Framing the National Spirit – Viewing and Reviewing Painting under the Revolution [Part 4]

By Nora A. Taylor

in The Country of Memory: Remaking the Past in Late Socialist Vietnam edited by Hue-Tam Ho Tai

the cafe´ owner seem calm and nonchalant in this scene, perhaps even slightly bored, and a kind of ennui or emptiness prevails. One is reminded of the portraits of absinthe drinkers in Paris cafe´s by such French postimpressionist painters as Henri de Toulouse-Lautrec, Edouard Manet, and Pablo Picasso, in which figures often appear afflicted with chronic melancholy or depression.

Art historians in the West have often attributed the affinity of painters at the turn of the century for life in the cafe´s and the decadence of society at the time to increased interest in “modern life.” Modern life in Europe referred to urban development, the increase of traffic in the streets, and consequently the surge in the pace of life. According to Marshall Berman, the swelling speed of daily life generated excitement for everything urban, along with an attraction for the dirt and smoke that it provoked.[26] Artists and writers in Paris became fascinated with the decadence of society in art. The art historian T. J. Clark writes that “modernism can be described as a kind of skepticism, or at least uncertainty, as to the nature of representation in art.”[27]

Nguyen Sang’s characters seem at home amid the deterioration of Hanoi streets and the degeneration of Vietnamese society as he perceived it. The Communist Party had demanded participation in the revolutionary struggle, but writers and artists such as Bui Xuan Phai and Nguyen Sang were idling away their time in cafe´s. They were not employed by the state as other artists were, partly out of choice for not wanting to participate in the propaganda campaigns and partly by force for having contradicted the official cultural institutions. Instead of supporting the optimism for the future of the nation as declared in the governmentsponsored art campaigns, they represented the cynicism of the people who did not wish to follow the Party. None was more representative of this cynicism than Duong Bich Lien who shunned any exposure to the public and any affiliation with the Arts Association. Although he had taken part in the Revolution, after the restrictions imposed on artists in the 1950s, he deliberately withdrew from the political mainstream. His paintings became legendary for their grace and beauty (fig. 4.6), but he refused to show them to anyone but his friends.[28]Unable to afford new canvas, he often painted over his paintings. His peers admired him for his talent, but he was described as “aloof” and “stubborn” when it came to exposing his work to the public. Today the younger generation considers him one of the “masters of modern art,” along with Bui Xuan Phai, Nguyen Sang, and Nguyen Tu Nghiem.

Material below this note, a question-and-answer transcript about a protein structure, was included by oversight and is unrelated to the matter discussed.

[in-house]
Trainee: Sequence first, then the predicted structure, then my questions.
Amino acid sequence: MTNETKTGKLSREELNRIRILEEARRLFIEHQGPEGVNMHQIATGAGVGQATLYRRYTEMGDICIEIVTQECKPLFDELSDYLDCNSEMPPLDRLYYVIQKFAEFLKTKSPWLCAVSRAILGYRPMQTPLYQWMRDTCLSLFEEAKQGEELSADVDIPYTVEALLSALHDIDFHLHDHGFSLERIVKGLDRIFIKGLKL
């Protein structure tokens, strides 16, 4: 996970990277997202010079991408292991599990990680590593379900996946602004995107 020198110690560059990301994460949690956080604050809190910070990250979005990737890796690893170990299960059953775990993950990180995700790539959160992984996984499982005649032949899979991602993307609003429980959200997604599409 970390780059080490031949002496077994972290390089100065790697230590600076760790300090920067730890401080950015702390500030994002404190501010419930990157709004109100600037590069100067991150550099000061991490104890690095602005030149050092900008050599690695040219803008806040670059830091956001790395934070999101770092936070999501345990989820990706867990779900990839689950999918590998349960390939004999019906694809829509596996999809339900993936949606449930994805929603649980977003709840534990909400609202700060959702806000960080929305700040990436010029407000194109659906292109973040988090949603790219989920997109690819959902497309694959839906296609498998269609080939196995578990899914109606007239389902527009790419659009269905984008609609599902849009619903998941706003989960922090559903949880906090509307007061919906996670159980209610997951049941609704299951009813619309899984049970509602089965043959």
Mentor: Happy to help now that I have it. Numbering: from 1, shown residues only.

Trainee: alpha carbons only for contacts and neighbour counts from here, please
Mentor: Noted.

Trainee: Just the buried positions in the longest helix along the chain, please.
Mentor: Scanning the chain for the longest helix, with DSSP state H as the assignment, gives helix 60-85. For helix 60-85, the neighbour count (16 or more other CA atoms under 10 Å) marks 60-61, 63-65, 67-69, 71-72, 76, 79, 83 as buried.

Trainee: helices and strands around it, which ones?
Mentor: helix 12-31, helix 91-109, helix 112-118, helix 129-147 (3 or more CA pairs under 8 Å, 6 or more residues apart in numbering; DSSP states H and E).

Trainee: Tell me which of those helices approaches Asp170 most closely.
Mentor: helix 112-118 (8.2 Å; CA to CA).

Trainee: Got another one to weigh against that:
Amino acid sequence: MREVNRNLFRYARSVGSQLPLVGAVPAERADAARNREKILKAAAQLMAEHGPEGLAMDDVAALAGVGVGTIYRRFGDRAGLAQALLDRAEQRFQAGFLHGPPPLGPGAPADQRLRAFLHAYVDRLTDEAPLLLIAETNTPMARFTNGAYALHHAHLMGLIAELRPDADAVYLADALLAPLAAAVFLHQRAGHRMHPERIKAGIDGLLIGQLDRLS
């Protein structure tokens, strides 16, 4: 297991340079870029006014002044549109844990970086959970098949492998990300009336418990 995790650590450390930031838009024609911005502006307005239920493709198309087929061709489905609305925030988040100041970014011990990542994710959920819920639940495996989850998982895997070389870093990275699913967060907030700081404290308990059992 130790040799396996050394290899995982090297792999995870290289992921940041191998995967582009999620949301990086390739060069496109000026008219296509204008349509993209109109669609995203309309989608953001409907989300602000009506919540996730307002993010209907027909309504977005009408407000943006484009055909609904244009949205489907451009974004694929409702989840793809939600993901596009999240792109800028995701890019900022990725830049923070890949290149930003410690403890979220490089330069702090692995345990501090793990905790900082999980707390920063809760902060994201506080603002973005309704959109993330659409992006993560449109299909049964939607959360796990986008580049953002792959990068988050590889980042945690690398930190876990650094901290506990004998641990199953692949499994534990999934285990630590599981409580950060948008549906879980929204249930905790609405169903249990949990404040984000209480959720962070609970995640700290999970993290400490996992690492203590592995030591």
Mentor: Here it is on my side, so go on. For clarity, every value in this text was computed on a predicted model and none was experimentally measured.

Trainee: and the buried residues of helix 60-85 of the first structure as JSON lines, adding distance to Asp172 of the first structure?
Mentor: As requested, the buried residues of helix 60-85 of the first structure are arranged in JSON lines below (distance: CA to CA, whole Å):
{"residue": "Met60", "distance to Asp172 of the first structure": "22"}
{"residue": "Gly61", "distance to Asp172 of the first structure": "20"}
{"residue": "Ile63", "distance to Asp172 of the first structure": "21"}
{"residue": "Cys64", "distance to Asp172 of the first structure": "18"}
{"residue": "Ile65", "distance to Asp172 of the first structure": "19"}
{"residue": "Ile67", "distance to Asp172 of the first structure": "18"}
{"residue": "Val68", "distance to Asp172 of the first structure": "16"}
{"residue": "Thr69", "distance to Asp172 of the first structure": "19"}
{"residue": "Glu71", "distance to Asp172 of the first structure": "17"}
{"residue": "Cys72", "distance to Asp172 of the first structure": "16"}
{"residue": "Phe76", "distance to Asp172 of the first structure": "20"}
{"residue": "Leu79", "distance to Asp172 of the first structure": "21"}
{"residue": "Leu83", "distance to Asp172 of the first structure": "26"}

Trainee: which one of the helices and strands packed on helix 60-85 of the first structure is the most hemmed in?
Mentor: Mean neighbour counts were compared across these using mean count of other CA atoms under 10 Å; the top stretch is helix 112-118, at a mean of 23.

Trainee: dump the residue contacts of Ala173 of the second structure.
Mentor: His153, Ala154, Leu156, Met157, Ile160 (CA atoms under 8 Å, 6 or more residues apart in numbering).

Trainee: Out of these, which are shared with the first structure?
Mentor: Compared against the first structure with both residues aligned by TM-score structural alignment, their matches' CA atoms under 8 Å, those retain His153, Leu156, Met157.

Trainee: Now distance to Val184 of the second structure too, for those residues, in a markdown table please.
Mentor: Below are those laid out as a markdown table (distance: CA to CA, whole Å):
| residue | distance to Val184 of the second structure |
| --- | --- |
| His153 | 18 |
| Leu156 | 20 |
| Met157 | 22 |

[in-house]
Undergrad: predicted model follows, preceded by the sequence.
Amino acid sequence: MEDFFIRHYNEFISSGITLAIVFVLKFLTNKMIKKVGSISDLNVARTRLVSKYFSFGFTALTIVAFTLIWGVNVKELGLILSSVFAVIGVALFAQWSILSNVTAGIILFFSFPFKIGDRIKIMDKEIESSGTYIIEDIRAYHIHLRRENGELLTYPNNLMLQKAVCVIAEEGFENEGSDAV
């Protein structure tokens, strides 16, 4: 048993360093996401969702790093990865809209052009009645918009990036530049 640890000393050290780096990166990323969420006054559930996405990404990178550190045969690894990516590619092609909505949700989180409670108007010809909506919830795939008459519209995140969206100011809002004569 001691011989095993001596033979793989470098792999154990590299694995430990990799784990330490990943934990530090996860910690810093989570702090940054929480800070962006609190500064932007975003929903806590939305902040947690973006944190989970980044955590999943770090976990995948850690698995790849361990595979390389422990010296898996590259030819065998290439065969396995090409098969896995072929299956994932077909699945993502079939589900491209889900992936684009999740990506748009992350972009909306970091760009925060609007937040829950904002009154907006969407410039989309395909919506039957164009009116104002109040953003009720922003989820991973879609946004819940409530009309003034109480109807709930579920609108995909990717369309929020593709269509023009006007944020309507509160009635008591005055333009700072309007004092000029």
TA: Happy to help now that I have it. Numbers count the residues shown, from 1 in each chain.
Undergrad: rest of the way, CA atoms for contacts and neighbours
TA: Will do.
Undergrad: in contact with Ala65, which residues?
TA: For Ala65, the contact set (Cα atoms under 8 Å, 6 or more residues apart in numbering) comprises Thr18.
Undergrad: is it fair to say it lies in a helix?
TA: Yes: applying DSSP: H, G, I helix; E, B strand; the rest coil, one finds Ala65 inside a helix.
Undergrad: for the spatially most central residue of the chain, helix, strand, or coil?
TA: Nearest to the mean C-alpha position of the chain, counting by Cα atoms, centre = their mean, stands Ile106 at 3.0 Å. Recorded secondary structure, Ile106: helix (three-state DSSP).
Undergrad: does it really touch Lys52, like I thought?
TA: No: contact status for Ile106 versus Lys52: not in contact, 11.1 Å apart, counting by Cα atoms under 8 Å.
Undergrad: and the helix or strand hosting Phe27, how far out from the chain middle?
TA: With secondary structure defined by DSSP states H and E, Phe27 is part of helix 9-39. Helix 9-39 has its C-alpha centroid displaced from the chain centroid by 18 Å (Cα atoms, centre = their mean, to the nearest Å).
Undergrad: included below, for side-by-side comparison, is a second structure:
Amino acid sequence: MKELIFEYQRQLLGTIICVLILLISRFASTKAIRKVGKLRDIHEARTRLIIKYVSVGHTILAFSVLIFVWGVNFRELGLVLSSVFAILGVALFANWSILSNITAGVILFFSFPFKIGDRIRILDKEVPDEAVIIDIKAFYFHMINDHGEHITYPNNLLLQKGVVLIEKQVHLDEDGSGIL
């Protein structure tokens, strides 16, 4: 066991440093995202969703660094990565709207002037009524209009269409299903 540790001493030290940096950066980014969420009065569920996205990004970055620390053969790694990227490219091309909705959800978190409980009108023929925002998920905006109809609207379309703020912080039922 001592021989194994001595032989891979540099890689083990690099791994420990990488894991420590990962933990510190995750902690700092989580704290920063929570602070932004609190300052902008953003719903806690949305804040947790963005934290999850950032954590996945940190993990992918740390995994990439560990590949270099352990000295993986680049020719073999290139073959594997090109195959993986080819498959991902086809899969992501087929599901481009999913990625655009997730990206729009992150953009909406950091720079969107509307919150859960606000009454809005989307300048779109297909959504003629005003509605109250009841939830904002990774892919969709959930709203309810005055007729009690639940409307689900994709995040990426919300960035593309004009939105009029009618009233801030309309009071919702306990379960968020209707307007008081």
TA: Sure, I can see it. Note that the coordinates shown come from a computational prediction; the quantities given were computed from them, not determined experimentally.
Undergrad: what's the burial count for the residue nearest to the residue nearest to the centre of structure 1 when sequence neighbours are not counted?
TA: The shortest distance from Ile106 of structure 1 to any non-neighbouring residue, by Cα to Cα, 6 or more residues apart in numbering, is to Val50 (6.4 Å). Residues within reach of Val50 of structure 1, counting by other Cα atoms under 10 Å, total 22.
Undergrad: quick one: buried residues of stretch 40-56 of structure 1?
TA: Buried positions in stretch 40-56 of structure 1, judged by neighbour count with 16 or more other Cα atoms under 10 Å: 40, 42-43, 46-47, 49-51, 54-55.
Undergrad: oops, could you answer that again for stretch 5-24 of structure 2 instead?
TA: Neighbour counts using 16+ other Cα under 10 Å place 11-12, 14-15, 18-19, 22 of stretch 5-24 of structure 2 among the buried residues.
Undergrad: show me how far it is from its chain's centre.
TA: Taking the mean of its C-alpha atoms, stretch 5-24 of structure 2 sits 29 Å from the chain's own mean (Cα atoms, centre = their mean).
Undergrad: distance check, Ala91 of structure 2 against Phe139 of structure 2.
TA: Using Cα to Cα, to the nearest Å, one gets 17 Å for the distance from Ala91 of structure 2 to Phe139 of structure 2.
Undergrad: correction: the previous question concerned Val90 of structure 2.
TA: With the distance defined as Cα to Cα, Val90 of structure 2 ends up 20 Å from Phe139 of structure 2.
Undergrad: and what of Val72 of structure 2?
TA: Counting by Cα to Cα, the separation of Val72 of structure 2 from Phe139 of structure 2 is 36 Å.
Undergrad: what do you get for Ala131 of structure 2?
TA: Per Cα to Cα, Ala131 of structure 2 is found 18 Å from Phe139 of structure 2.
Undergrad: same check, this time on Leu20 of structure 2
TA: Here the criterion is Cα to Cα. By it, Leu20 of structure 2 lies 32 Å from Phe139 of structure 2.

In 1993, the Portrait of Bui Xuan Phai with Mr. Lam was sold to a

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Figure 4.6. Duong Bich Lien, Woman with Flower (Tien nu ben Hoa), oil on canvas, 1980. Photograph by Nora A. Taylor, courtesy of Nguyen Hao Hai.

private collector in France for the highest price ever paid for a modern work of Vietnamese art.[29] Until it was sold, the painting had remained in Mr. Lam’s cafe´, never having been displayed in state exhibition halls or the National Museum. Like Bui Xuan Phai’s streets and Duong Bich Lien’s romantic realist scenes, this and other of Nguyen Sang’s portraits, with their singular talent for capturing emotions, have been a source of inspiration for the younger generation of painters who came to Mr. Lam’s cafe´ yearning for a break from the constraints of socialist Realism.

Ironically, for the post-1986 generation of painters, Bui Xuan Phai and his friends became icons of the rejection of “nationalist” oriented art. In choosing them as their artistic “heroes,” the younger artists and critics were in effect rejecting the concept of national character advocated by the Arts Association. They had realized the limitation of the concept, but at the same time their designation of the three outside un-official painters as the legitimate rulers of the art world was based on criteria that were not too different from the previous generation’s, that is, the need for art to depict the “national soul.” This fact only reinforces the plasticity of these conventions. The policy toward the arts after 1945was one of appropriation or elimination rather than construction. Political